There are people that we love to hate. Sometimes we dislike those people so much that we also enjoy seeing them fail. Beyond this, it makes us angry when they succeed.
Consider the case of LeBron James, who America reviled for not winning a championship, and then despised for leaving his team for a championship, and then finally rooted against as he won a championship.
You non-sports types remember how we loved Jessica Simpson, rooted for her to get married, then found guilty pleasure in her divorce, and took secret delight in her obesity.
I don’t need to bring up Tom Cruise or John Mayer do I?
Most of us believe that we don’t judge people. I like to think that I’m especially open-minded; but the truth about all of us is revealed when we watch the news though, isn’t it?
How we respond, internally or externally, to the news of other people’s profit or misfortune reveals whether or not we really believe in, or want the best for, other people.
But what about those situations where we are actually setting people up for failure?
I’m not talking about celebrities anymore, but people that we know and interact with on a daily basis. Maybe we work with them, attend school with them, or are even related to them.
You know what I’m talking about right?
I’m talking about those situations where allow our prejudice against someone to dictate how we act around them. With these people we prepare ourselves to invalidate their statements or ignore their actions and in doing this we set them up to fail, not because we make them do the wrong thing, but because we don’t give them the opportunity to do the right thing.
Sometimes we go so far as to use their track record to excuse our own misbehavior and pre-judgement.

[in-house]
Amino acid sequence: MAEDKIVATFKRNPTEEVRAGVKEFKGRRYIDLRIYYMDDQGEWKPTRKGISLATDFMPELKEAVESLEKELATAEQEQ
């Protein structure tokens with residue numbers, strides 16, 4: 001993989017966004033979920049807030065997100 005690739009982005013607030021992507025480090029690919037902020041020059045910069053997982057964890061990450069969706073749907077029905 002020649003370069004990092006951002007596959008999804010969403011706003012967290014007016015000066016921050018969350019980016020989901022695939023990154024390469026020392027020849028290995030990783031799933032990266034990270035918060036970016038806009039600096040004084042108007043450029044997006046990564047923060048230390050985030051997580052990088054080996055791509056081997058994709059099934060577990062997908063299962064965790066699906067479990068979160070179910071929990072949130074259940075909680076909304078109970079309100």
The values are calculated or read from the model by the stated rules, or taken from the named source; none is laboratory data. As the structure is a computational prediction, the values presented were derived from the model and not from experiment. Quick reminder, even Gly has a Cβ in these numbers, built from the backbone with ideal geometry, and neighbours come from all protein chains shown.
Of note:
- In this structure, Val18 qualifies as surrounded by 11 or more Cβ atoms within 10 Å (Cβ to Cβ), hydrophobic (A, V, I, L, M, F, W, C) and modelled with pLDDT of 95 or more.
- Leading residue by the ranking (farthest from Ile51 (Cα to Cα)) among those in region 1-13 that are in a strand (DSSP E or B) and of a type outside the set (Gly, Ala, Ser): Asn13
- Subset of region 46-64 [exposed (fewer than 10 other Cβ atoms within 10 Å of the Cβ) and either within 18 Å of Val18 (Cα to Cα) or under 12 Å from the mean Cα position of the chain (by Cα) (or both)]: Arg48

The Bible tells a story about a man who did the very things that we do. His name was Abram.
Abram had a wife who was hotter than the fourth of July, and twice in his life he moved to a land where he was sure that the foreigners would kill him and take her away.
To keep himself alive, he told the people that she was his sister. In both instances the king of the foreigners asked to marry Abram’s “sister”. In both scenario’s God brought out the truth and guess what? The foreign kings behaved responsibly and returned Abram’s wife to him.
Both kings experienced Abram’s prejudice, but behaved righteously when given the chance.
Guess who didn’t?
“When you judge another, you do not define them. You define yourself” – Wayne Dyer
What self-help guru Dr. Dyer said well in the mid 1990′s is actually a reflection of what Jesus said around 32 A.D.; “For in the same way you judge others, you will be judged, and with the measure you use, it will be measured to you.”
In the end, how we set others up for success is a fairly accurate measurement of a heart that follows after Christ. After all, isn’t that what he did when he came to an earth filled with his enemies, gave us a chance to live in his kingdom, and then died to give us the power to do what we had twice failed in?
We don’t have to trust people,
In fact there are some people with a history that we steer clear of…
But we should always give people the chance to do what is right.
We don’t have to root for people,
In fact some people are headed for failure…
But we don’t have to indulge, or play a role in, their demise.